Exactly! In a dimly rational world, that is precisely the problem.
What would happen if forty percent (or 44 percent) of federal services suddenly stopped? This is a blindingly obvious questionbut it didnt occur to the hapless Chris Matthews when he interviewed Rep. Steve King, the Iowa Republican, on July 13, one night before Goldfarbs piece appeared (see THE DAILY HOWLER, 7/20/11). A chimp or a chipmunk would have known to pose this obvious question to King, who kept implying that nothing especially bad would occur if the August 2 target date passed.
A chimp or a chipmunk would have known to pose that obvious question to King. Matthews, a multimillionaire journalist, was as always less well prepared.
Alas! On last Wednesdays Hardball, King told Matthews that we could still pay the troops if the debt limit stays where it is. He said we could pay our debt service too; he even seemed to say that we could keep sending out Social Security checks. For the sake of argument, lets assume those claims are true. A poo-flinging chimp, or even a chipmunk, would have spotted the obvious logical problem with Kings blithe assurances:
Even if we could continue to pay those bills, many other federal payments (and many basic federal services) would presumably have to cease.
On Thursday morning, the very next day, an amazing event occurred. On the front page of the Washington Post, Goldfarb began to describe the essential services which would likely grind to a halt if the August 2 target date passed. But Matthews, an utterly hopeless incompetent, didnt raise this obvious problem when he spoke with King on Wednesday night. This is the way our most hapless tool responded to Kings blithe assurances; we resume the interview where it left off in yesterdays DAILY HOWLER:
On their face, Kings blithe assurances make little sense. Its extremely hard to believe we can drop 44 percent of federal services without a giant problem ensuing. But Christopher Matthews, a hopeless incompetent, was too unprepared to introduce this obvious logical framework. Instead, he turned to the least convincing of all arguments, especially in the current environment: He turned to the argument from authority. He asked why viewers should believe Rep. King instead of the deathless Jack Lew.
Here at THE HOWLER, we do believe Lew (and the others) on balance; we do believe giant problems will ensue if the debt limit stays where it is. But Matthews, as always, was unprepared to make the obvious logical argument. He got all snide when he called Bachmanns nameand if you were already on the Obama team, this made for some good entertainment. (When we played this tape for a group of federal managers, Matthews snarky evocation of Bachmann produced a pretty good laugh.) But if you dont really know what you think about this matter; if you dont already think you know who is telling the truth in this matter; Matthews argument wouldnt likely help you see the obvious problem with Kings blithe assurances.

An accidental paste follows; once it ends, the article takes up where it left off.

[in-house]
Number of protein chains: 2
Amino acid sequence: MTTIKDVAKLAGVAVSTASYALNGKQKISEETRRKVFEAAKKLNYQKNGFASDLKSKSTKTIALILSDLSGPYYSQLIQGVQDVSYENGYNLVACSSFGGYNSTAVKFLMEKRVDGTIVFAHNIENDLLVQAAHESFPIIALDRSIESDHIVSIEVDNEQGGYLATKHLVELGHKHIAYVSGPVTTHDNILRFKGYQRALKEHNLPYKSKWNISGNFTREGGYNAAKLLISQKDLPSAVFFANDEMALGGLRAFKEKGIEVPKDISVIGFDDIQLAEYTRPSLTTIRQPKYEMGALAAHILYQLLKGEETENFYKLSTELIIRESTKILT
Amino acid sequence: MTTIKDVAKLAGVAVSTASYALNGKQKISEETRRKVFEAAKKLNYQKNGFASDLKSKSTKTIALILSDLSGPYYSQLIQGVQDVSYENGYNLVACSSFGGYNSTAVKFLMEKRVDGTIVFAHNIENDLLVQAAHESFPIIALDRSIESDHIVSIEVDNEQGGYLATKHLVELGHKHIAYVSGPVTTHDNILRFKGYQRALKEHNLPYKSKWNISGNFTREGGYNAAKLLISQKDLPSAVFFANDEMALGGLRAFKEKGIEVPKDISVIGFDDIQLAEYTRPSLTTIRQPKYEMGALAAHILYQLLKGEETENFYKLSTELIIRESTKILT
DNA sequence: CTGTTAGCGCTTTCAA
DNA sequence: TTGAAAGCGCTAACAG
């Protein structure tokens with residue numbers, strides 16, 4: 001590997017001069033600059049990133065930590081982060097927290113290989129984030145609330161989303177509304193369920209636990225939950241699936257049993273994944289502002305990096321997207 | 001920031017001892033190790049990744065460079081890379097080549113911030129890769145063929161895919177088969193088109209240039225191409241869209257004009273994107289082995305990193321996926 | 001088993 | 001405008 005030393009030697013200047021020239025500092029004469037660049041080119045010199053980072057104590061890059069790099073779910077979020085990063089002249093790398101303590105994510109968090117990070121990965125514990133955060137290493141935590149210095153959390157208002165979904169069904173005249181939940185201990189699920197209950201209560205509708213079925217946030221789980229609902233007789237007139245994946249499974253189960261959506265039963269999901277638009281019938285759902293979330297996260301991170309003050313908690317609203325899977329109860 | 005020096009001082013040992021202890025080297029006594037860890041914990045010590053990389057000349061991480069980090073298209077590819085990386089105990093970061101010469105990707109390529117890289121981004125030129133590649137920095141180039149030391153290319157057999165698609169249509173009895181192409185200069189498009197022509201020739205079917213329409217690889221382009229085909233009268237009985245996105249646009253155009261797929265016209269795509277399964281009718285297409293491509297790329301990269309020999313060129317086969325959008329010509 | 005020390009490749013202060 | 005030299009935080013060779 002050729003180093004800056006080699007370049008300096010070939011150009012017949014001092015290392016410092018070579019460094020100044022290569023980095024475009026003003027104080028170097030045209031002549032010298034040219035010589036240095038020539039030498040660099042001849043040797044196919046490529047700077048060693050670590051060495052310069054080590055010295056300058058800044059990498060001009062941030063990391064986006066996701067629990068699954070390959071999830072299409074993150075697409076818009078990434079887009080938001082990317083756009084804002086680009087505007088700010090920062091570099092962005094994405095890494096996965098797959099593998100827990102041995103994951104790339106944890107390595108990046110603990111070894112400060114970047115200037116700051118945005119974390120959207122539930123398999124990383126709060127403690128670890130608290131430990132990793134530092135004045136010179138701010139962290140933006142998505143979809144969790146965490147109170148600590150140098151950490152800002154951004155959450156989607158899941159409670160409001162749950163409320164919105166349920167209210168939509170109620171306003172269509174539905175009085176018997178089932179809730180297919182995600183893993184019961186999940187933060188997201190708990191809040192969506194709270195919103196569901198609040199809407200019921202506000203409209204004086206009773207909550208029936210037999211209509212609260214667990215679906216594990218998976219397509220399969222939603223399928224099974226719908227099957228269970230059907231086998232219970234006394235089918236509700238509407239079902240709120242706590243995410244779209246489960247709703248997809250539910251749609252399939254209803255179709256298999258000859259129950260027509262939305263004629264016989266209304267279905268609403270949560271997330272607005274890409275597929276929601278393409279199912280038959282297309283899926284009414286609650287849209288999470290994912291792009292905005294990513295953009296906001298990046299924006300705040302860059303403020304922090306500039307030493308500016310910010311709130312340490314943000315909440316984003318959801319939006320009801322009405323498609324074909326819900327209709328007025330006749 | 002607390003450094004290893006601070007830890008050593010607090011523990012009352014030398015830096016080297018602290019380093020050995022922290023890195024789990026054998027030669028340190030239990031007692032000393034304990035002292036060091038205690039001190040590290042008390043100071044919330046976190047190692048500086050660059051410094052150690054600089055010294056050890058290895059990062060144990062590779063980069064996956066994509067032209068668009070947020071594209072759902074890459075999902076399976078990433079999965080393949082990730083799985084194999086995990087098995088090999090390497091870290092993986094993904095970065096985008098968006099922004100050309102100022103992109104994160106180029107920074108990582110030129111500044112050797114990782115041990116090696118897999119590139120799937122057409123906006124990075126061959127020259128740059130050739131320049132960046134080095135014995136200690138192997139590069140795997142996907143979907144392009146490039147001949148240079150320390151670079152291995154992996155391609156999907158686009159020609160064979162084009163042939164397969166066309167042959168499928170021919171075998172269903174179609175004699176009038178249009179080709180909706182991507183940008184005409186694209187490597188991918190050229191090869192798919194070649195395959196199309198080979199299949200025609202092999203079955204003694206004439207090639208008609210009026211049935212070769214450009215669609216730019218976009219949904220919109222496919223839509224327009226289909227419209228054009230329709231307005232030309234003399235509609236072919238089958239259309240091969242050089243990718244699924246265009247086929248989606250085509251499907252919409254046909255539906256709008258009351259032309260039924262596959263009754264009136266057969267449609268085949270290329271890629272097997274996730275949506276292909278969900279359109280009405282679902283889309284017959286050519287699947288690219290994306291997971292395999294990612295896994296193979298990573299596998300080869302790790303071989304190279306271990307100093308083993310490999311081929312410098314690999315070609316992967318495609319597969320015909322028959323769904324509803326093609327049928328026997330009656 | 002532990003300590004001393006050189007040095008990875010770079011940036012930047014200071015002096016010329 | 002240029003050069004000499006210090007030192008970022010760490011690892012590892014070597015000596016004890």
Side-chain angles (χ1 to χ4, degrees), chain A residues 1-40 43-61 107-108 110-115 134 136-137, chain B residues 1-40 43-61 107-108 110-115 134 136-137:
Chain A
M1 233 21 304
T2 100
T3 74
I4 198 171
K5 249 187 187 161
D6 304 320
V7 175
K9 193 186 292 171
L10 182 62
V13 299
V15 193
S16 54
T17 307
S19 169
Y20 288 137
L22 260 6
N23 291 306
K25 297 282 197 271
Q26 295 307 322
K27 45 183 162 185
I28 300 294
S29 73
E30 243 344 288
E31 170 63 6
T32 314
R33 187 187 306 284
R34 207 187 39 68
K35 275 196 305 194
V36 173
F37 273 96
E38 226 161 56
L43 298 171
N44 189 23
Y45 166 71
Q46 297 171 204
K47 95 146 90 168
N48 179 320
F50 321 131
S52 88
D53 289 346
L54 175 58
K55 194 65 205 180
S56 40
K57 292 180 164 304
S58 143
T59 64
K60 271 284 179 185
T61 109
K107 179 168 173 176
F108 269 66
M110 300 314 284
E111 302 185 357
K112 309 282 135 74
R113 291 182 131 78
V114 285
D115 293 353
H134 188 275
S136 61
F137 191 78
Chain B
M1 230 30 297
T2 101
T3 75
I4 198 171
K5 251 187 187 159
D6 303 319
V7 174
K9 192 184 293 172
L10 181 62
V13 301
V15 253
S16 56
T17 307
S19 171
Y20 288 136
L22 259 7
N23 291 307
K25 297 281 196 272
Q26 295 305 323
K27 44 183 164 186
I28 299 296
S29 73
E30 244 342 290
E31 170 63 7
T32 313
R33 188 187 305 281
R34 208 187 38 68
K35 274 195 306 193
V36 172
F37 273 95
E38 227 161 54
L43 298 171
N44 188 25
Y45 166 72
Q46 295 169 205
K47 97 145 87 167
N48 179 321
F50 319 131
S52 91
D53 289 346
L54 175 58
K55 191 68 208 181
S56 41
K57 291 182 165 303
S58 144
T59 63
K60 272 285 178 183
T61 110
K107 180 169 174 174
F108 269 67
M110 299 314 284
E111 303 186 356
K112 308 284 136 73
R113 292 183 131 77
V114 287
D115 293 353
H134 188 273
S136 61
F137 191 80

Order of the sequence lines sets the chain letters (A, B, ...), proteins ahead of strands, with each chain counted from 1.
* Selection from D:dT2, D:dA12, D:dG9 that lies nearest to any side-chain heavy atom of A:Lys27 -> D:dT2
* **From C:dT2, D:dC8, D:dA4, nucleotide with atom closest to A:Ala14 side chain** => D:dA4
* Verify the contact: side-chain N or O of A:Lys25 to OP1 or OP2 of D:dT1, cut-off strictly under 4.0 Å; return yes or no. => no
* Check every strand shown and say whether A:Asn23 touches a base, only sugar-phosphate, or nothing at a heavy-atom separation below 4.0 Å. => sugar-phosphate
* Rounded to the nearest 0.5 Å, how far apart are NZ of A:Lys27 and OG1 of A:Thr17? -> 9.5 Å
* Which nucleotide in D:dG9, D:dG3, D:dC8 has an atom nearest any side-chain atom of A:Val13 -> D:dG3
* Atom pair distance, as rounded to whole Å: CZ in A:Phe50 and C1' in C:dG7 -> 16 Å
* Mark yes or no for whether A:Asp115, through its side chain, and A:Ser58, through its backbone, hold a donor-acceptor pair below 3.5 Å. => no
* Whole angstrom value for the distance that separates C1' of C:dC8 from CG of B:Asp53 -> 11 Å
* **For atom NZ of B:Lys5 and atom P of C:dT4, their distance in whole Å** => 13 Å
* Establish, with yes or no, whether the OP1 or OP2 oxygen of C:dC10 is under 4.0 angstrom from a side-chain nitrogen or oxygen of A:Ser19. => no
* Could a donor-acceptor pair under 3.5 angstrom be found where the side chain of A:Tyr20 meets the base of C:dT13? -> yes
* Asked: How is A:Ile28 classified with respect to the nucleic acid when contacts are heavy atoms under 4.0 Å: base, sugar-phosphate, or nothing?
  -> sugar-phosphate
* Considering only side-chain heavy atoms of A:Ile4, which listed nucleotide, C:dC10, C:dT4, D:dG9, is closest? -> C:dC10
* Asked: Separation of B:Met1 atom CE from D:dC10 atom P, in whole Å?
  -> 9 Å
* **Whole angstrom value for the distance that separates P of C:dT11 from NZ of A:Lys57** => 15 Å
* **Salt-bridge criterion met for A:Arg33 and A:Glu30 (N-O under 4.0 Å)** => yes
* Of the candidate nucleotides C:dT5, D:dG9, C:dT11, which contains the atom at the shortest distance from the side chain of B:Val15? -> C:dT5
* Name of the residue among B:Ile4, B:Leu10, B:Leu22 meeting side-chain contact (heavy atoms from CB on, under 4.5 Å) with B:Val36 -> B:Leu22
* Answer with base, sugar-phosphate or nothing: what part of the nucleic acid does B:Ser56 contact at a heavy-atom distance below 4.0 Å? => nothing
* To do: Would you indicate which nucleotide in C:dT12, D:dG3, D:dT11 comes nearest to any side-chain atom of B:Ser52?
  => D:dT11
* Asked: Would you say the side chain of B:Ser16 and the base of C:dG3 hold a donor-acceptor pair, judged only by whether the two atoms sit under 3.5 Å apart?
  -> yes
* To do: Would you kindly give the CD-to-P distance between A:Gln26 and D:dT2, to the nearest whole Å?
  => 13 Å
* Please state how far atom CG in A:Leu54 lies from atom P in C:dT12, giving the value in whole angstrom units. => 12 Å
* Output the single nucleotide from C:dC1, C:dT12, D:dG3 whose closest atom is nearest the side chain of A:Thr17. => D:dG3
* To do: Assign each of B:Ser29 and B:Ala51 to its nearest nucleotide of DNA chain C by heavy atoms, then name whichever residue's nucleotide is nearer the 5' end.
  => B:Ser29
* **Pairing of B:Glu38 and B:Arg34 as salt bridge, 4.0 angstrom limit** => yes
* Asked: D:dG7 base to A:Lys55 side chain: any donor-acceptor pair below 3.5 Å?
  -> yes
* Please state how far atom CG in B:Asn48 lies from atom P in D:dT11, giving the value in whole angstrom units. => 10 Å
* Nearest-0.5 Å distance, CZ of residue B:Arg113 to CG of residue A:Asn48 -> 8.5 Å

A few days later, Queen Digby announced that eighty million people are fools; on balance, they think there wont be any huge problems if the debt limit stays where it is. Royalty has its rewards, of course. But when major broadcasters perform in the way Matthews does; when the Washington Post waits until July 14 to publish a report like Goldfarbs; when the New York Times publishes no such reports at all, right up to the present day; then how are all those foolish voters supposed to know what the truth really is?
People like Digby semi-love to hate. The desire to hate and insult The Fools lies at the heart of our brave new pseudo-liberalism. This approach pleases the Masters of the Universe, who strive to divide and conquer.
But does the real problem in this exchange lie with those eighty million fools? With the forty million more who said they didnt know? On balance, wed say the real problem lies elsewhere. Wed say it starts with people like Matthews, with those of his high store-bought class.
Tomorrow: How are we fools supposed to know? A list of things the Post and the Times still havent bothered reporting.